B-1 crew rescued in Indian Ocean
The Pentagon said Wednesday all four crew members of a U.S. B-1 bomber were rescued after the plane went down in the Indian Ocean. The crew was reportedly in "good health" and safely aboard the USS Russell destroyer late Wednesday.
The anti-Taliban Eastern Alliance said Wednesday it offered freedom to al Qaeda fighters if Osama bin Laden and his inner circle surrendered. The offer came after the al Qaeda forces -- entrenched in eastern Afghanistan's White Mountains -- missed a deadline to lay down their arms or face a relentless attack.
Meanwhile, the Pentagon delayed the release a videotape in which bin Laden appears to brag about the September 11 terrorist attacks. The tape could be made public Thursday.
Pentagon officials said the B-1 bomber was en route to Diego Garcia, an island where some U.S. warplanes involved in the Afghan air campaign are based.
U.S.-led airstrikes resumed on the mountainous area near Tora Bora after the surrender deadline passed. Eastern Alliance commander Hazrat Ali said that al Qaeda had little time to accept the new offer before his forces resumed their attacks. (Full story)
Audio and translation problems delayed Wednesday's anticipated release of videotape purportedly showing bin Laden bragging about the September 11 terrorist attacks, government sources said. On the tape, bin Laden makes it clear he had advance knowledge about the planning and details of the deadly attacks on the World Trade Center and the Pentagon, according to U.S. officials. (Full story)
The Arabic-language TV network Al-Jazeera interviewed bin Laden in October but never aired it after the al Qaeda leader appeared to intimidate a correspondent, sources at the network said. Al-Jazeera officials publicly have denied knowing about such an interview, but sources said the network decided not to air the tape after reviewing it. The interview is not the same videotape the Bush administration is planning to release. (Full story)
The American recently captured with Taliban fighters has warned another al Qaeda attack on the United States will happen within days, according to sources familiar with his interrogation. However, a senior Bush administration official said it doubtful that John Walker knows much about al Qaeda's plans. (Full story)
In the first criminal charges directly related to the U.S. investigation of the September 11 attacks, bin Laden was named as an unindicted co-conspirator in the indictment of Zacarias Moussaoui, a Frenchman of Moroccan descent who faces six conspiracy charges. Moussaoui was charged Tuesday with conspiring with bin Laden and al Qaeda to "murder thousands of people" in New York, Pennsylvania and at the Pentagon. (Full story)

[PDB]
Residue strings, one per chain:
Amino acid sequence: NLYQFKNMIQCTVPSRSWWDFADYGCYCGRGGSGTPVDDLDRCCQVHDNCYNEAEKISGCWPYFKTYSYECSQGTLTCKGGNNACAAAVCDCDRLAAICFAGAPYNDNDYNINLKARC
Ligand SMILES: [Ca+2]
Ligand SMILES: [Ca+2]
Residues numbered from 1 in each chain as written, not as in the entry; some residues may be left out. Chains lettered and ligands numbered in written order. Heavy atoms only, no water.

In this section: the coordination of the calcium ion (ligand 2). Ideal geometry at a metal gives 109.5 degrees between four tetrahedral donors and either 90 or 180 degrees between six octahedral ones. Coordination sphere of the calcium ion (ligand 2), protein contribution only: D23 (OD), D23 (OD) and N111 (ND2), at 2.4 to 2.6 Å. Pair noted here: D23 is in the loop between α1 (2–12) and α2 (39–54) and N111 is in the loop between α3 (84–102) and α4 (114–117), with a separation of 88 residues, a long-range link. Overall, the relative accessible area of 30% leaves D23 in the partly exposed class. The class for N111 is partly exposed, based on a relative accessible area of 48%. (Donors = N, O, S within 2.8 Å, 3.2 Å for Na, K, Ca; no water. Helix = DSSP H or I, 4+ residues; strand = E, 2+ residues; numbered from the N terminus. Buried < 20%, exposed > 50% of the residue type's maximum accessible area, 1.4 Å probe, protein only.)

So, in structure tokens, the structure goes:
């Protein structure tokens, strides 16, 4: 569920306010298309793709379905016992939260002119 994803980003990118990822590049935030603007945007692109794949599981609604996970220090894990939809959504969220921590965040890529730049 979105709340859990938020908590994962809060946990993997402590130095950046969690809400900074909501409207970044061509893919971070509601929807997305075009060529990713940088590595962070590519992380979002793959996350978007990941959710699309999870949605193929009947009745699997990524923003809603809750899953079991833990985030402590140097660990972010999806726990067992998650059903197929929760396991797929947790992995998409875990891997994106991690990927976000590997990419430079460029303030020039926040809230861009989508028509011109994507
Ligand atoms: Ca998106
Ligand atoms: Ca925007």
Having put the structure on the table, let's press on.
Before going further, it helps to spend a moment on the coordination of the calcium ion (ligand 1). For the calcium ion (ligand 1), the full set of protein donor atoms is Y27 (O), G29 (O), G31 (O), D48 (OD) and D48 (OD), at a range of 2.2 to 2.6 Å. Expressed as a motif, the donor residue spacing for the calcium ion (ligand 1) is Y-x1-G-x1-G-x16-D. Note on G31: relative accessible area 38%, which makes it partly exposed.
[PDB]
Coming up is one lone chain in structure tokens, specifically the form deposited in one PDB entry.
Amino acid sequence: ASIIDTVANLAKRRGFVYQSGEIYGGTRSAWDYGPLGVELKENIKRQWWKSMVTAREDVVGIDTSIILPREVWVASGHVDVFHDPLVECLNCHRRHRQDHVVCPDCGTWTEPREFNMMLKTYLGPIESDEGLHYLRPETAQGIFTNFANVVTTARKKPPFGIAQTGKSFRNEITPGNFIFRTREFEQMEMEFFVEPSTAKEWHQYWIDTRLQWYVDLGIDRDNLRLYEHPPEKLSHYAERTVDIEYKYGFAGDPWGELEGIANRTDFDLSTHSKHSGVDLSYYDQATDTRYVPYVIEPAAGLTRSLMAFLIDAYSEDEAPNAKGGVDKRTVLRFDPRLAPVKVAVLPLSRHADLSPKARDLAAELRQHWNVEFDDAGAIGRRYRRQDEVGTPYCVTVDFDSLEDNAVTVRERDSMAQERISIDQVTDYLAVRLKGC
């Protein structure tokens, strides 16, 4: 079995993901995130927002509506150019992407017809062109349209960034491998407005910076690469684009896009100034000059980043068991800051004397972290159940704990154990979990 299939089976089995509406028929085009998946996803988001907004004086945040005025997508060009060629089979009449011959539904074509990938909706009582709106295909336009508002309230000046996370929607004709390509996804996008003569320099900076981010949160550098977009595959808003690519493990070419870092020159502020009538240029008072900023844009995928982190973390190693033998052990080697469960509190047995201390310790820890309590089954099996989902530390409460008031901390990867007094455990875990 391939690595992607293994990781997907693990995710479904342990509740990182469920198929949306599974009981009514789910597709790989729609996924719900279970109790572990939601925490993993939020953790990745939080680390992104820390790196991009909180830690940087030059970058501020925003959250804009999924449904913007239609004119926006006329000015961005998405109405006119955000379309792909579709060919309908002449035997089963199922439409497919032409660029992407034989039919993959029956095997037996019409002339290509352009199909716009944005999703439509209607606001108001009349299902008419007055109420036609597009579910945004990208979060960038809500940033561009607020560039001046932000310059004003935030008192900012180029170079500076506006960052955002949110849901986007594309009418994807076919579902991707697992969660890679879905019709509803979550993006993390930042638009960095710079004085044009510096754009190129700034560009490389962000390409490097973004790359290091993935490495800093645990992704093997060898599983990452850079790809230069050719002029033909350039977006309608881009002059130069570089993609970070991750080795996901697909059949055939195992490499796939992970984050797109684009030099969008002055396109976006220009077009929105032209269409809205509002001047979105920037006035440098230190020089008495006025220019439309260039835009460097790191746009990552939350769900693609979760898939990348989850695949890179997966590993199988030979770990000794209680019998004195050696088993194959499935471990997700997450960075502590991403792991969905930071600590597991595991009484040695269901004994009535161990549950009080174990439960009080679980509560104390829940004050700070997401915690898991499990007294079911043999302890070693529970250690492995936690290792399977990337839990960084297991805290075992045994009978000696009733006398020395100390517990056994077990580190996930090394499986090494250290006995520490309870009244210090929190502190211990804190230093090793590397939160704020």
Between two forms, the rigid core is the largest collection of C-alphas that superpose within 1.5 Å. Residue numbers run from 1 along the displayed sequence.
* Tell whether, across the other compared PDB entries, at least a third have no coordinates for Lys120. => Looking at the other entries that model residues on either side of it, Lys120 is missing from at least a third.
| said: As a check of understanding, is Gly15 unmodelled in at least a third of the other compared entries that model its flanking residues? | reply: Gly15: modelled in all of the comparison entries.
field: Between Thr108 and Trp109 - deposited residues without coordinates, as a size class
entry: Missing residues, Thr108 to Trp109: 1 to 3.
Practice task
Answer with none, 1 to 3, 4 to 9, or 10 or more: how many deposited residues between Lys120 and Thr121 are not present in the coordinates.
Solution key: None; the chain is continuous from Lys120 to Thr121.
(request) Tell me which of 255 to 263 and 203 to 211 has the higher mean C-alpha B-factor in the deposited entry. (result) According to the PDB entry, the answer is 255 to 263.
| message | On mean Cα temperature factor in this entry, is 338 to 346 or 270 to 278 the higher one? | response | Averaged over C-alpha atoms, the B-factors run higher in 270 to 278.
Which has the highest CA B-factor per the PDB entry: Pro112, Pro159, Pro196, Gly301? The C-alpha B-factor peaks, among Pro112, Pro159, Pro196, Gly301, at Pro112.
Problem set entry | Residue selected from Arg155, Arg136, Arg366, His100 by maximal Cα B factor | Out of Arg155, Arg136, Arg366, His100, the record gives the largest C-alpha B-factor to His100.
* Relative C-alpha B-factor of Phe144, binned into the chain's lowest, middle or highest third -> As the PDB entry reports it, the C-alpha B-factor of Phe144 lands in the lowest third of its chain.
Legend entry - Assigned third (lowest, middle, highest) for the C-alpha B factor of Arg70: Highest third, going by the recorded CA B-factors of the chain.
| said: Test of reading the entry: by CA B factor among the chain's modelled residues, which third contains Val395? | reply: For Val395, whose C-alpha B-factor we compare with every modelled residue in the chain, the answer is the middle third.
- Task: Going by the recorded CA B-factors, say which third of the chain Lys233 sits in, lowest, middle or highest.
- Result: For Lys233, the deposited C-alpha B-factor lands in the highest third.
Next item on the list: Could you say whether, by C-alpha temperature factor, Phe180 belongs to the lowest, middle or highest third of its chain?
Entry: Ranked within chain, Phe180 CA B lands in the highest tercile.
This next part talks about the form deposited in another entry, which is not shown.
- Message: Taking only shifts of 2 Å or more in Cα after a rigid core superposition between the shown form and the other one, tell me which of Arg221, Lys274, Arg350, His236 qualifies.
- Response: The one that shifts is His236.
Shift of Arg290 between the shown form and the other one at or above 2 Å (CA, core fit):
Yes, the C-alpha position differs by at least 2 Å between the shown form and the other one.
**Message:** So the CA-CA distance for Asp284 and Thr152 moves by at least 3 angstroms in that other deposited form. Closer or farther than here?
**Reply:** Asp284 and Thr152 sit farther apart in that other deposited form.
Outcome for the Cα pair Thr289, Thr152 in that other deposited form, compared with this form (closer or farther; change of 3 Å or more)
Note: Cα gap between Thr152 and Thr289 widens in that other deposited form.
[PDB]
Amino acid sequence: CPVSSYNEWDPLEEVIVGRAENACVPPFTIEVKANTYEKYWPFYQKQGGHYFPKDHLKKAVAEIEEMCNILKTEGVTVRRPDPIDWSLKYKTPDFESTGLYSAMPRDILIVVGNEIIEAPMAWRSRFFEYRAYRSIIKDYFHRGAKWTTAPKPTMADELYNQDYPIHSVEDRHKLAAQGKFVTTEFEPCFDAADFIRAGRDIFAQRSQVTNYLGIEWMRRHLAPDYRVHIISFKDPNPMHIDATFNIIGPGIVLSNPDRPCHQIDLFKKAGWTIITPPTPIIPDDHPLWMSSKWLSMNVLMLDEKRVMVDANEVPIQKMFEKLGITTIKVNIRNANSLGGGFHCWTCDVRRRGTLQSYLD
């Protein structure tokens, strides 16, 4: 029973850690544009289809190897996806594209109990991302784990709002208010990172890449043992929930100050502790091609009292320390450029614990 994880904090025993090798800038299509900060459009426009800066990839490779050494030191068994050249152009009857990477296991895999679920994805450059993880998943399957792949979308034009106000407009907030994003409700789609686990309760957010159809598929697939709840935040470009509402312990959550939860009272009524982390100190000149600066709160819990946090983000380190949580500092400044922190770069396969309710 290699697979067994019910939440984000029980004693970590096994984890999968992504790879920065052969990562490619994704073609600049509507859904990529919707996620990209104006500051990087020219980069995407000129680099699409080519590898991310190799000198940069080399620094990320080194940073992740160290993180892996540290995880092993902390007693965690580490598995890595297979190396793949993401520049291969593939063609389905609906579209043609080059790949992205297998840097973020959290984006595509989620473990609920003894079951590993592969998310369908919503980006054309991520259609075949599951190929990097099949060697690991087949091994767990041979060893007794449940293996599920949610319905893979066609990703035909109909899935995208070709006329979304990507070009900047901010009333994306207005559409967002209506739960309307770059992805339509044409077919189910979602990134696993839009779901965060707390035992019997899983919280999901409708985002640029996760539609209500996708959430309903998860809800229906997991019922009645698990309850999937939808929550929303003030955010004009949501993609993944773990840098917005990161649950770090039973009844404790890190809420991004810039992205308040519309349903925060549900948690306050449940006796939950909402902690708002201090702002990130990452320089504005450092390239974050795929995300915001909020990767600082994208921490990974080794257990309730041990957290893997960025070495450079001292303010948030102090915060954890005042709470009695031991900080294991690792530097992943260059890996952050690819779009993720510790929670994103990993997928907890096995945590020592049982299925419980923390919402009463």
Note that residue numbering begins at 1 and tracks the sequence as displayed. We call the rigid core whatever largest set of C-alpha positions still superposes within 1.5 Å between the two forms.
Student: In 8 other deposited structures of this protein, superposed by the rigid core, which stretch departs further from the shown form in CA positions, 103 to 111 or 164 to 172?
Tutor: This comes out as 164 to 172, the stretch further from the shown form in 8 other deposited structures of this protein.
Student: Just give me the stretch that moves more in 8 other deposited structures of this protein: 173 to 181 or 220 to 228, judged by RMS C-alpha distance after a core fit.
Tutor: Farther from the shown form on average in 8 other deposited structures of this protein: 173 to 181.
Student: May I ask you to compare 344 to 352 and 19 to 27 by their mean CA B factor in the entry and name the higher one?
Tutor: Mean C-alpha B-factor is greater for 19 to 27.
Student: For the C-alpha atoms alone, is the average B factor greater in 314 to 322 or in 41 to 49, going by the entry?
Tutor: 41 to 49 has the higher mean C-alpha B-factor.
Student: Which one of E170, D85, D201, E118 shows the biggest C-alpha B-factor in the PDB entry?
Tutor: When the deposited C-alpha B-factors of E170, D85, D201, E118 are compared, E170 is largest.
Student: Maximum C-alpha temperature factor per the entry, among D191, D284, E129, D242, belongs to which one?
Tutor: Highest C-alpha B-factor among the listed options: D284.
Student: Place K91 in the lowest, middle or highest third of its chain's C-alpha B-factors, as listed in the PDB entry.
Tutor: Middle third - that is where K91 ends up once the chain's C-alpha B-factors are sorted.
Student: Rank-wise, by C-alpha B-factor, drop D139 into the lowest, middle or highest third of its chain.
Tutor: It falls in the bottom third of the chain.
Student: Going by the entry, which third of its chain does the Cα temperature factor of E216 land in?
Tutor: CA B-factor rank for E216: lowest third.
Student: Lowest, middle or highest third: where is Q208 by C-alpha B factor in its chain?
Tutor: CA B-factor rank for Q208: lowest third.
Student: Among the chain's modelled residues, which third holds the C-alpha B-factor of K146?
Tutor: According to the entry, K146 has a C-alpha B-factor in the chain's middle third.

Who are the Northern Alliance and other key players in the political landscape of Afghanistan, and how could U.S. military intervention affect the balance of power there?
Now that the last Taliban stronghold has fallen, will its fleeing members still pose a threat?
Where is Mullah Mohammed Omar, the spiritual leader of the Taliban?
What kind of permanent government will next rule Afghanistan?
How will a multinational peacekeeping force be received in war-weary Afghanistan?
How long will the U.S.-led military campaign in Afghanistan last?
What is the goal of the U.S. airstrikes over Afghanistan? What is the key to the mission's success?
George W. Bush: U.S. president
Osama bin Laden: A wealthy Saudi expatriate living in Afghanistan who U.S. authorities cite as one of the primary suspects in masterminding the attacks.
Condoleezza Rice: U.S. national security adviser.
Colin Powell: U.S. secretary of state. A former Army general, Powell also served as chairman of the Joint Chiefs of Staff during the 1991 Persian Gulf War.
Gen. Richard B. Myers: Chairman of the U.S. Joint Chiefs of Staff.
Gen. Tommy Franks: Head of U.S. Central Command.
Donald Rumsfeld: U.S. secretary of defense.
The Taliban: A group of Islamic fundamentalists, mainly from Afghanistan's Pashtun ethnic group, which is the country's largest ethnic group. The Taliban that gained control of most of the country by 1997 and instituted an extreme form of Islamic law.
Northern Alliance: A group of former mujahedeen fighters, mainly from minority ethnic groups that oppose the Taliban.
George Robertson: NATO secretary-general and former British defense minister.
George Tenet: CIA director
The military attacks that began October 7 mark the start of what the Bush administration says will be a lengthy struggle against terrorist organizations worldwide -- one that could take years.
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